Wednesday, July 24, 2013

Seven Pounds

Seven Pounds (2008)
Directed by: Gabriele Muccino
Written by: Grant Nieporte
Starring: Will Smith, Rosario Dawson, Woody Harrelson, Barry Pepper
Rating: PG-13
My rating: 4 out of 5 stars

Hello? Is it me you're looking for?

I'm back again! This is the second installment of the Archives Report: Vacation Edition. I watched plenty of films over my 9 day vacation, so there is still more to come.

Hopefully your wounds aren't too salted from all the outrageous claims I made in the previous entry, and that you can look past it into my relative objectivity from this point forward.

To be frank, this is not my freshman viewing of Seven Pounds. Far from it, in fact. But I happened to watch said film with three people who WERE watching it for the very first time, and it brought back some memories. I think the best time anyone watches this film is the first time.

That being said, I don't want to give away any plot details for those embarking on their maiden "Seven Pounds" voyage. I will try to keep the synopsis brief and aloof.

Brief and Aloof Synopsis:

A man called Ben with a fateful secret (Will Smith; Men in Black)  embarks on an extraordinary journey of redemption by forever changing the lives of seven strangers, including a heart transplant patient (Rosario Dawson; Men in Black II) and a blind man (Woody Harrelson; Zombieland).


Hopefully I didn't give too much away. I took some liberties from the brief synopsis posted on IMDB and that's all!

I still don't want to say that much about the movie. Will Smith has always been one of my favorite actors, and he never stops short of proving his dramatic chops. Dawson and Harrelson both really shined in their roles as well.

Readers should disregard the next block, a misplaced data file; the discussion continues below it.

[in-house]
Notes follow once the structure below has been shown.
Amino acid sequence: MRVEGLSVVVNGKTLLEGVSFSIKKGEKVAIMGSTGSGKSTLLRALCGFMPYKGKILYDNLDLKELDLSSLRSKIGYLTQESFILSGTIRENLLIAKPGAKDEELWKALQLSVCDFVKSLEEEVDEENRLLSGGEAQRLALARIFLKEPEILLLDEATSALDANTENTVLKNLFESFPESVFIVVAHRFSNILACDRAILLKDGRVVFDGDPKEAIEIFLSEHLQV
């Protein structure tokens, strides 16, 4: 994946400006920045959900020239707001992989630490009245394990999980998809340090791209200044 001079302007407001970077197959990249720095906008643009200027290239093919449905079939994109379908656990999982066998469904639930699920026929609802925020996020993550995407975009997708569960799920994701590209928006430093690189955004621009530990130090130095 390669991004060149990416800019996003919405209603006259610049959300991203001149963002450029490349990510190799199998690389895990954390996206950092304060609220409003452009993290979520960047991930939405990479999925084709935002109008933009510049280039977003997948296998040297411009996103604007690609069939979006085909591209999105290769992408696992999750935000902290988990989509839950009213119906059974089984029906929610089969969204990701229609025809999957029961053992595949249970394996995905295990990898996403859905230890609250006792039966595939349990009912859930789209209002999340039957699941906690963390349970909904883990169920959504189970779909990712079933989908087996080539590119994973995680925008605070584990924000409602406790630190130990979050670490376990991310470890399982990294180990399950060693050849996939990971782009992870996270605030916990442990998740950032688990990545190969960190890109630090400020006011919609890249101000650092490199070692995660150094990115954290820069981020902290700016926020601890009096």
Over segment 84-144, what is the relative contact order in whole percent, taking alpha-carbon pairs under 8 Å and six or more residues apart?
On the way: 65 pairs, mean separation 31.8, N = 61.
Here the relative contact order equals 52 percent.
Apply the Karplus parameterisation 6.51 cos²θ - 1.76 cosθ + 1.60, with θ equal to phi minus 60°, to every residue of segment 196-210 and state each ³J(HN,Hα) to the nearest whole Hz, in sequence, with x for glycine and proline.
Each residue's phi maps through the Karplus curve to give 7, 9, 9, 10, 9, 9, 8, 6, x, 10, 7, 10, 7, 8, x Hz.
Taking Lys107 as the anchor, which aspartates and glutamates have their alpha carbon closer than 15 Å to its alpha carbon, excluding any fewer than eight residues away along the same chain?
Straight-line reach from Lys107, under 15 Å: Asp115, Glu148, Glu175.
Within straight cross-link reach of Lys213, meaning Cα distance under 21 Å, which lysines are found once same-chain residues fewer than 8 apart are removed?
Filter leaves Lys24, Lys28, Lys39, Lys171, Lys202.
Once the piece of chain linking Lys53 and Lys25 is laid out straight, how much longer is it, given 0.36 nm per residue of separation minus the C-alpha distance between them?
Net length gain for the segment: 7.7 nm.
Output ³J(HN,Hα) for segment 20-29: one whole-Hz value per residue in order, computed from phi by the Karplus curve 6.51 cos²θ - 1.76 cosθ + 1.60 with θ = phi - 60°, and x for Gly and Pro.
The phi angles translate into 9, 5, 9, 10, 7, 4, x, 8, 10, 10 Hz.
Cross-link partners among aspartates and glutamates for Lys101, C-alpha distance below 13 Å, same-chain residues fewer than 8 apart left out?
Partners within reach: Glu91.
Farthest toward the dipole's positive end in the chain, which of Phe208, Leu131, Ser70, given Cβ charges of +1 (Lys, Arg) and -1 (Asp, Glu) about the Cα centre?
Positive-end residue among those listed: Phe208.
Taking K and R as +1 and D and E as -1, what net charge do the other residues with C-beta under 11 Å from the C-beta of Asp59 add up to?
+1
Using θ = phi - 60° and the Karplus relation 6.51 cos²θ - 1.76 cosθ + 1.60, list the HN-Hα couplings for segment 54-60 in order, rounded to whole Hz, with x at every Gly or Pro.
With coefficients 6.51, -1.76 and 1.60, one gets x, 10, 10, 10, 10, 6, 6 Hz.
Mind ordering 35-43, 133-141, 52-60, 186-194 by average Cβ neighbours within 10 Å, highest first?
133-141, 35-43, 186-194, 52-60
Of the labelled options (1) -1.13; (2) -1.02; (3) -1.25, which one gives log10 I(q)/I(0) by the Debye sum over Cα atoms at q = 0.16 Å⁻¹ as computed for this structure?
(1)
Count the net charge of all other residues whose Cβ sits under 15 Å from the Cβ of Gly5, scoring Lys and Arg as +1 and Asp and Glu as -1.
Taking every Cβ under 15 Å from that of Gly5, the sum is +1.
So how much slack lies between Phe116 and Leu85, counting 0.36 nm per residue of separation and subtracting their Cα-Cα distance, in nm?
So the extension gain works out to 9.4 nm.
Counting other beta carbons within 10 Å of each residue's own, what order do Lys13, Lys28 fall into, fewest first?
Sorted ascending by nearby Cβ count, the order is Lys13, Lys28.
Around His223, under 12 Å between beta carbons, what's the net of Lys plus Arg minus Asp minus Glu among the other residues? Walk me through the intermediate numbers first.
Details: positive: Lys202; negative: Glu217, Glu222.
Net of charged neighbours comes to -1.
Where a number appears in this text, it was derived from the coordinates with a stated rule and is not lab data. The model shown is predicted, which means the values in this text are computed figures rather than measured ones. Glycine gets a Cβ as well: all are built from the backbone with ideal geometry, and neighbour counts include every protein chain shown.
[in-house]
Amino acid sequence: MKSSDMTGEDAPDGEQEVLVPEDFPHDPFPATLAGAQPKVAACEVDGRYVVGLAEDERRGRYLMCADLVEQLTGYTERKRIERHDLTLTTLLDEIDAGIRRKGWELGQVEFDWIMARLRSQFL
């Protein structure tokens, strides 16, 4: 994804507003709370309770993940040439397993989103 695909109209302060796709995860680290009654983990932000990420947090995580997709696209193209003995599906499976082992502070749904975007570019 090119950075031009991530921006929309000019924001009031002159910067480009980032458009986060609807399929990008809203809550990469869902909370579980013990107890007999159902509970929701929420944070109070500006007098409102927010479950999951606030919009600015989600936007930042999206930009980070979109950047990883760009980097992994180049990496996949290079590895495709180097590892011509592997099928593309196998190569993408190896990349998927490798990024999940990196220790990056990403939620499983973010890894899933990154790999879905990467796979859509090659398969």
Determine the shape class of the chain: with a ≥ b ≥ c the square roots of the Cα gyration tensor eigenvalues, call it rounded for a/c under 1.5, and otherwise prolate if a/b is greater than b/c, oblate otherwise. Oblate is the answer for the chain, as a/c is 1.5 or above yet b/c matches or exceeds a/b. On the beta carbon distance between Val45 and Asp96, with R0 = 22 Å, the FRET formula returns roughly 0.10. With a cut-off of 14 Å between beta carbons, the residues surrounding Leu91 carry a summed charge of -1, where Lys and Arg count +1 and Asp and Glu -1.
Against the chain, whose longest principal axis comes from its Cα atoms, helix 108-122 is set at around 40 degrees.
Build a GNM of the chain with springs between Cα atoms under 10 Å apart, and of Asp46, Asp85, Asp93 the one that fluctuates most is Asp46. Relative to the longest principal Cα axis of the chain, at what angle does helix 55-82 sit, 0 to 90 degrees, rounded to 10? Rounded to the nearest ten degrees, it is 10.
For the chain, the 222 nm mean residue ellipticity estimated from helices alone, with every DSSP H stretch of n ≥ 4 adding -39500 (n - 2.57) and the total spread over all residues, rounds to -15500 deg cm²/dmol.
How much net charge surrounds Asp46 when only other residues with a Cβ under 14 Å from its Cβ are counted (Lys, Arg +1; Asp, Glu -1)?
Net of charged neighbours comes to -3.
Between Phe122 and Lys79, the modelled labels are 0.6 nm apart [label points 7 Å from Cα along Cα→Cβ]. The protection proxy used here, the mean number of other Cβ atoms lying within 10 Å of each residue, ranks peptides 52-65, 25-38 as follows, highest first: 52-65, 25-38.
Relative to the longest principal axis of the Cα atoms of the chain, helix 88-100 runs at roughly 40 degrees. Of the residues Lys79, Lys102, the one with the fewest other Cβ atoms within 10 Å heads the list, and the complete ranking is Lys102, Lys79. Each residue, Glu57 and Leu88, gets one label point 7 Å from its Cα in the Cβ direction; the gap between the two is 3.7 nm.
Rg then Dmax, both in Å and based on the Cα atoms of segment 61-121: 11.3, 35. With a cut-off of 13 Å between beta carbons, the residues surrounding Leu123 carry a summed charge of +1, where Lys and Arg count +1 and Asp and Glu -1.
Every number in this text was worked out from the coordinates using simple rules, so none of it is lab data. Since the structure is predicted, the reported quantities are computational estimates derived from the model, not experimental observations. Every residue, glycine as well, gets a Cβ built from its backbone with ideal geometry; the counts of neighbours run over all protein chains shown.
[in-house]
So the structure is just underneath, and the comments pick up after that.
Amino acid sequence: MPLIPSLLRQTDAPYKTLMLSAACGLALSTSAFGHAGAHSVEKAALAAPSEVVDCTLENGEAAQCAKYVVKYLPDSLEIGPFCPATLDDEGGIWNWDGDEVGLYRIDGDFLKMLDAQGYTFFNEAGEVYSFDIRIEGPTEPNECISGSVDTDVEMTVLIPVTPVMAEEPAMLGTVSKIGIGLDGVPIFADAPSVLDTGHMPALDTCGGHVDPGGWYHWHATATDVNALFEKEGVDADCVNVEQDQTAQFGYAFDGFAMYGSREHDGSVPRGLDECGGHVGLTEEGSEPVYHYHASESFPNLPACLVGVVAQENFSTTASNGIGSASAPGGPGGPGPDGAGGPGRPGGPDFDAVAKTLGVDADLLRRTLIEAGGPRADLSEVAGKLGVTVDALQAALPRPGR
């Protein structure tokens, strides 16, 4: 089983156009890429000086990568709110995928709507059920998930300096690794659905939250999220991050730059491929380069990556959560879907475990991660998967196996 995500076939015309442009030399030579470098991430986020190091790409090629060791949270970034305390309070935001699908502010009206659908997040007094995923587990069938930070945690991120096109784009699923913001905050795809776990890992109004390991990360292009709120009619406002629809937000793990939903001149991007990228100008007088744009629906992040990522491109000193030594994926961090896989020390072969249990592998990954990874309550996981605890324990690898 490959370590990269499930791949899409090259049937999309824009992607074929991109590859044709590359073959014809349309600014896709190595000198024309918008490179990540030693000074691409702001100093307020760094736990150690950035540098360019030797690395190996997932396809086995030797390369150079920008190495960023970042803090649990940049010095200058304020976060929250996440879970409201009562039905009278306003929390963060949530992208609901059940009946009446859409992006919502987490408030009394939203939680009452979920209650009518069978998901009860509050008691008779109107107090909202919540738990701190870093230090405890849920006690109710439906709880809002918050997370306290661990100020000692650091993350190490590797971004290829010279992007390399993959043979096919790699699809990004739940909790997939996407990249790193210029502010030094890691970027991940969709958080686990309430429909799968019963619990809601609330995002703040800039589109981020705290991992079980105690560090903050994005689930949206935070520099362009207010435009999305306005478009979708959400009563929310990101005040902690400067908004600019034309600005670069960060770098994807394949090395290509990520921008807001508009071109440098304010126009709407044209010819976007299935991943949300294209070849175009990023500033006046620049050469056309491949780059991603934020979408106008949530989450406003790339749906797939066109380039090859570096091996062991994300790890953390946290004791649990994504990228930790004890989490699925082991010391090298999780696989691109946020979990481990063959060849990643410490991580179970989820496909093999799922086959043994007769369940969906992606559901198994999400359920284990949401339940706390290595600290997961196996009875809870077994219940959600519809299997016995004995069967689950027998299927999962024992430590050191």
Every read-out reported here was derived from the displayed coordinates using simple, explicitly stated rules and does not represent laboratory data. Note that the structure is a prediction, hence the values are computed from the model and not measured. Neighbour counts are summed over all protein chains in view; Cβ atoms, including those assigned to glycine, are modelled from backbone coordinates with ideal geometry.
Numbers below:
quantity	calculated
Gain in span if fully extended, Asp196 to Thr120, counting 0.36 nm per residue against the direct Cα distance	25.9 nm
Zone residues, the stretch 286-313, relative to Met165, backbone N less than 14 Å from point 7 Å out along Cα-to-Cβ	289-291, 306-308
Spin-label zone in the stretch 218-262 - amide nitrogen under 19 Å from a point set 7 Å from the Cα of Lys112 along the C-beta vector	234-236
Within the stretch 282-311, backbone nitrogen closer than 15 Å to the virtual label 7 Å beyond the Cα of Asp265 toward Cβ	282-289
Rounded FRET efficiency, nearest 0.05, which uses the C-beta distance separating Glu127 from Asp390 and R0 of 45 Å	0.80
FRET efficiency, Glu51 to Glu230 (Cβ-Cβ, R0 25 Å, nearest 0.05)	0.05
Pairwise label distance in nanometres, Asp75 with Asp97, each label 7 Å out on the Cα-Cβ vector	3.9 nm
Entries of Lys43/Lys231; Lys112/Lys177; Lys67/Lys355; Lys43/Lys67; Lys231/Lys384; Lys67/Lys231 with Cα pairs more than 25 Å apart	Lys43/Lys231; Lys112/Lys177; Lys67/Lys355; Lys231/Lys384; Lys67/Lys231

Barry Pepper (The Green Mile) actually gave one of the most impressive, un-sung performances of the film. He didn't have an incredibly large role, and at first his role is unclear. After his role becomes clearer, Pepper shines in this extremely dramatic and impactful role.

The remaining supporting cast is strong but does not stand out. Smith, Dawson, Harrelson and Pepper command the scenes they are in.

Now that I have gotten through my thoughts on the actors (I have college level acting training, you know!) I will start in on my favorite element of this film: the story's presentation.

One of the basic but fundamental elements to writing or creating a successful script is to create some kind of questions. When the audience has questions, they hang on and become interested in the answers. A main source of criticism that I read on films and plays alike is that they didn't resolve all their questions, or the questions weren't deep enough to care about the answers.

While fundamental, Seven Pounds uses this element well. When you watch this for the first time and are remotely interested in what is going on, you will have a TON of questions. Why? Because I did, when I saw this movie in theatres back in 2008. How do I know YOU will? ....I don't, but I'm assuming for 1 reason, and that would be the quizzical looks and explicit questions asked by my three movie watching companions. My steadfast response continued to be "Keep watching".

Seven Pounds was succesful in part because of the strong performances of its main actors, but mainly because of its commitment to basic dramatic elements, and executing them well.


I recommend this movie. It is imperative that you have a few tissues handy when you decide to embark on this particular quest. However, what we learn from this movie is that ultimate good can come from ultimate bad, and Barry Pepper has some great acting chops!

Seriously, I can't give too much away, but watch this. You won't regret it.

Thanks for reading as always. I'd love to hear your thoughts and opinions! Comment, Facebook us or Tweet @archivesreport! Thanks again! God bless!